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Elections 2021: DA leadership cautious about being in poll lead in the Western Cape

Michael Hendrickse, Western Cape head of the IEC speaking to the media at a press conference on the latest results at the Results Operation Centre (ROC) at the Century City, Convention Centre. Picture: Ian Landsberg/African News Agency (ANA).

Michael Hendrickse, Western Cape head of the IEC speaking to the media at a press conference on the latest results at the Results Operation Centre (ROC) at the Century City, Convention Centre. Picture: Ian Landsberg/African News Agency (ANA).

Published Nov 3, 2021

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Cape Town - Despite being in the lead with 52.8% of votes cast in the province and 214 seats won during Monday’s local government elections, the DA’s top leadership in the province was cautious by Tuesday afternoon as the results continued trickling into the IEC results centre.

Responding to a question about the DA’s 33% lead over the ANC, which at that point had 19% of the votes cast, Premier Alan Winde said: “If you’ve been through a few elections you know there is still a long way to go.

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“There’s a lot of votes still to be verified and its all the big voting stations. Right now it is only the small stations that are in.”

With 19% of the votes counted as of 6pm last night, the ANC had won 108 seats while the Good party with 4.5% of the votes, with 15 seats.

Here is an update what the results looked like on Wednesday morning.

In Kannaland it looked like the Independent Civic Organisation of South Africa (ICOSA) would be calling the shots again after a turbulent term in office which featured court battles with the province.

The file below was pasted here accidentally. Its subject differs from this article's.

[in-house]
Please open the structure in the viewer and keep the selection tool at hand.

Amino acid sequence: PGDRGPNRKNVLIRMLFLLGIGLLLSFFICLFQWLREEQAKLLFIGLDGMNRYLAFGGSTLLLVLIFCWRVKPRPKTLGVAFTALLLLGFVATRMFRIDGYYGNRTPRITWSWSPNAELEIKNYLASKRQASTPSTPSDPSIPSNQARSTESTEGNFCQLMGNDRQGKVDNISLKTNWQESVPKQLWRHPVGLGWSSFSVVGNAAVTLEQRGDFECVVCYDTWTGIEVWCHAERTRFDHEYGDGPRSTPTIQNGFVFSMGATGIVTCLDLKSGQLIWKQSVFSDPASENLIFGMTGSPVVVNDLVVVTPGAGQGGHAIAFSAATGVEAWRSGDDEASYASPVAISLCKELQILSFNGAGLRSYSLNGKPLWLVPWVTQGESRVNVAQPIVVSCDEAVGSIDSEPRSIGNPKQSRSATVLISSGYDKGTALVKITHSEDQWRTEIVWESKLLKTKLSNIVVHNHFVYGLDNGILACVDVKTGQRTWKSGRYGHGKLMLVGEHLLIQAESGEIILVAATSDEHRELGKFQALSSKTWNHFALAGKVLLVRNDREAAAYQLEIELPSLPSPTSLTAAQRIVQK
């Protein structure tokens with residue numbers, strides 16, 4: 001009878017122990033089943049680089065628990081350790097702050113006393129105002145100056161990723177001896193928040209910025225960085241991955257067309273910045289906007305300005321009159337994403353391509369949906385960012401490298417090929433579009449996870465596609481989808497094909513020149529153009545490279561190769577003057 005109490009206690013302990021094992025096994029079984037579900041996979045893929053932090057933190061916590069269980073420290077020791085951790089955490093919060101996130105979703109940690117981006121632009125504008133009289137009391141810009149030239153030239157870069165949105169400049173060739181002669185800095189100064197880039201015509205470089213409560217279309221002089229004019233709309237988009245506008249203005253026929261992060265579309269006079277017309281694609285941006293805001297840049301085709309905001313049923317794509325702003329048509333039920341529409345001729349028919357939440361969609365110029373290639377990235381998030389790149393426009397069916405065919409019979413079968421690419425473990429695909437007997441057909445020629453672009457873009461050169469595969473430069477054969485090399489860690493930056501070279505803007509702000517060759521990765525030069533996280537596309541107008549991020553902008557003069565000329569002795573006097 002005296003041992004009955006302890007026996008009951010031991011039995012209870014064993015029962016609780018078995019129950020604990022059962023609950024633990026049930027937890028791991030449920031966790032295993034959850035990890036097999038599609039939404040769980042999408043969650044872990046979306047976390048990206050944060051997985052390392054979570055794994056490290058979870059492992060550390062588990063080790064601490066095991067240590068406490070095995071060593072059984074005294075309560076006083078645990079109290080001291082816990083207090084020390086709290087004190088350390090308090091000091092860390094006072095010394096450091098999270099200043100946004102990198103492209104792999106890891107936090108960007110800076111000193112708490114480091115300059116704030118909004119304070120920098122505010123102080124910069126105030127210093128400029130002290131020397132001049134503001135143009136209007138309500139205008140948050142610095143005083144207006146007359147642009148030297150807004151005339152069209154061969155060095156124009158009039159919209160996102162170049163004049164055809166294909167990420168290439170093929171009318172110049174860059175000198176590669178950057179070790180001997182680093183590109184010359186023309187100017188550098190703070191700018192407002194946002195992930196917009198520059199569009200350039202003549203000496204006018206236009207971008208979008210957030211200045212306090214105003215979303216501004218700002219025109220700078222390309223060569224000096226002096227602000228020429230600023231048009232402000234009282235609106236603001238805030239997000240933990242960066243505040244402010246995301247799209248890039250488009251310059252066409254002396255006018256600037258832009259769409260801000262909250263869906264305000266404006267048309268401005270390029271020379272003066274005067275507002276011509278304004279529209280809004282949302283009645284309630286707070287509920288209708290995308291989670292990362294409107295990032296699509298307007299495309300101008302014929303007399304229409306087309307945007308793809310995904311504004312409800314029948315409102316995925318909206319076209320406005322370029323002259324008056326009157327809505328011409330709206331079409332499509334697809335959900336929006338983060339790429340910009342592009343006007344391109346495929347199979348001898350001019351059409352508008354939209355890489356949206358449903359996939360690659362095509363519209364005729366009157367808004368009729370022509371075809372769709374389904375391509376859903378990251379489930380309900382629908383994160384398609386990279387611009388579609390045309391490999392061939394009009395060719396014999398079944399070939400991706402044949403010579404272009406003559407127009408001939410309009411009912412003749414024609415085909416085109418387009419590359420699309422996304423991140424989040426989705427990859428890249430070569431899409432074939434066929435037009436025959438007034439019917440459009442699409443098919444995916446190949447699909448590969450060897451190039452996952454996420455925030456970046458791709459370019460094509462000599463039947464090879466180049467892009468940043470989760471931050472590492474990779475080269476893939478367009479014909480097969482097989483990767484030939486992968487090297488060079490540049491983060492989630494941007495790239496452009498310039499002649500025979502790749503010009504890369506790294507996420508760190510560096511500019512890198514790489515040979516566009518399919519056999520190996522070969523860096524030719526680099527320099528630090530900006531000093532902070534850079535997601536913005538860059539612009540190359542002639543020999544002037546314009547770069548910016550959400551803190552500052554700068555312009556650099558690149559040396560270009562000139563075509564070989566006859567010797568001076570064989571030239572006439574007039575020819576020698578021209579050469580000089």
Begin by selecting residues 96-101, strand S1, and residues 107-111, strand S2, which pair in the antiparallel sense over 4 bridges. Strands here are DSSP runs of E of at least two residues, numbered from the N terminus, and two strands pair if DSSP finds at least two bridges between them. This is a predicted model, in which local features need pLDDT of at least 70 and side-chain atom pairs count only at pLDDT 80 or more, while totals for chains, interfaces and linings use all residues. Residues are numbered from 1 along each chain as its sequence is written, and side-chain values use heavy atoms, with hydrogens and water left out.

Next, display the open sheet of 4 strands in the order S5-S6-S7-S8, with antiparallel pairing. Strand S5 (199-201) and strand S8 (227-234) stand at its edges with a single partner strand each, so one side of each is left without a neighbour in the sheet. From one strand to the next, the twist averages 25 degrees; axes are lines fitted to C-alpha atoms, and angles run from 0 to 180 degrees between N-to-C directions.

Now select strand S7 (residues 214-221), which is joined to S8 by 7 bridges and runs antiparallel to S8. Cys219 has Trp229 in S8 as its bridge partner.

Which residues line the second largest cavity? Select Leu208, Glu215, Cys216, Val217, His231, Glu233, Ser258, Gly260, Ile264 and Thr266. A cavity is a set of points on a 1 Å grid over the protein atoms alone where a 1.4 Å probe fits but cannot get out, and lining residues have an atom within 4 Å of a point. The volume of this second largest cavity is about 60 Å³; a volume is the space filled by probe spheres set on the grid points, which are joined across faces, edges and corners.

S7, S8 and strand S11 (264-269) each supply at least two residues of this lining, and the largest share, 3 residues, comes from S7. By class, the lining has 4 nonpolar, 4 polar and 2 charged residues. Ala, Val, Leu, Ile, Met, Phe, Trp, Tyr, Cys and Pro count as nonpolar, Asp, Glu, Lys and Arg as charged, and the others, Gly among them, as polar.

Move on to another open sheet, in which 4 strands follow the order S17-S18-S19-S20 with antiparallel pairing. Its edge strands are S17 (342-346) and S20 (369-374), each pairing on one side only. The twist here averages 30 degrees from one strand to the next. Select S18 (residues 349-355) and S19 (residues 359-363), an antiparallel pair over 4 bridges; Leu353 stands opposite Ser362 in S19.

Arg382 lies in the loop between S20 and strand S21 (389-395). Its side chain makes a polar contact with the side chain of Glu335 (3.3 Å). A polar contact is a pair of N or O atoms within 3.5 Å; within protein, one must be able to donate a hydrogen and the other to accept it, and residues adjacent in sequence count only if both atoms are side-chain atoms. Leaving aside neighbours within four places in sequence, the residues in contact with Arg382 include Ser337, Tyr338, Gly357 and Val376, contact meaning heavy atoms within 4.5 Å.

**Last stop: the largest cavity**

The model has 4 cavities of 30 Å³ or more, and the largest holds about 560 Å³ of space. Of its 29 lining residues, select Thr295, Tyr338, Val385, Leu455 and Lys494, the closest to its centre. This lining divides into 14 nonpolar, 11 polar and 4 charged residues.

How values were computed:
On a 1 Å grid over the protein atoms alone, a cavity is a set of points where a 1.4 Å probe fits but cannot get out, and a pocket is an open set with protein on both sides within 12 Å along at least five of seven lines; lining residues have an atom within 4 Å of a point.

Good party mayoral candidate Brett Herron said It was hard to tell how the party was doing as the results were just trickling in and their own agents were still stuck at voting stations, waiting to pass on results.

However, Herron said they had seen some encouraging results by mid-afternoon in wards where they hadn't expected to do well, such as in the City Bowl where in Ward 115 they got 8% of the votes.

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“That was quite good for that ward. It’s not quite our demographic and we did not expect it. But in the vast majority of wards where we think our support lies, results are not in yet,” he said.

Meanwhile, political parties in the province last night appeared to be untitled in their frustration with the IEC on the issue of names missing from the voters roll at Monday’s local government elections.

Even Winde suffered the fate of not finding his name on the roll when he went to cast his ballot at Jan van Riebeek Primary School, despite having registered at the same station as a voter.

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“I had to fill out a form and verify my details. My wife and I registered together and when we got there she was on the roll but I was not. Fortunately, some of the same officers that had registered me were present and they knew straight away.

“I was lucky but many other citizens found that sort of situation and it is a big issue,” said Winde.

The Freedom Front Plus was considering legal action against the IEC on the matter of voters whose names were missing from the voters roll despite having registered.

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Outgoing City councillor, Erica Botha-Rossouw said: “We are aware of about 6 000 people whose names were not on the list and those were only our party members, but the figure could be up to 70 000 people with the same problem.”

DA Western Cape Deputy Leader Tertius Simmers said the issue had been escalated to the party’s federal council which would decide if any action would be taken.

As for the low turn-out, political scientist Shingai Mutizwa-Mangiza said in past elections, a lower turn-out had typically benefited the smaller parties.

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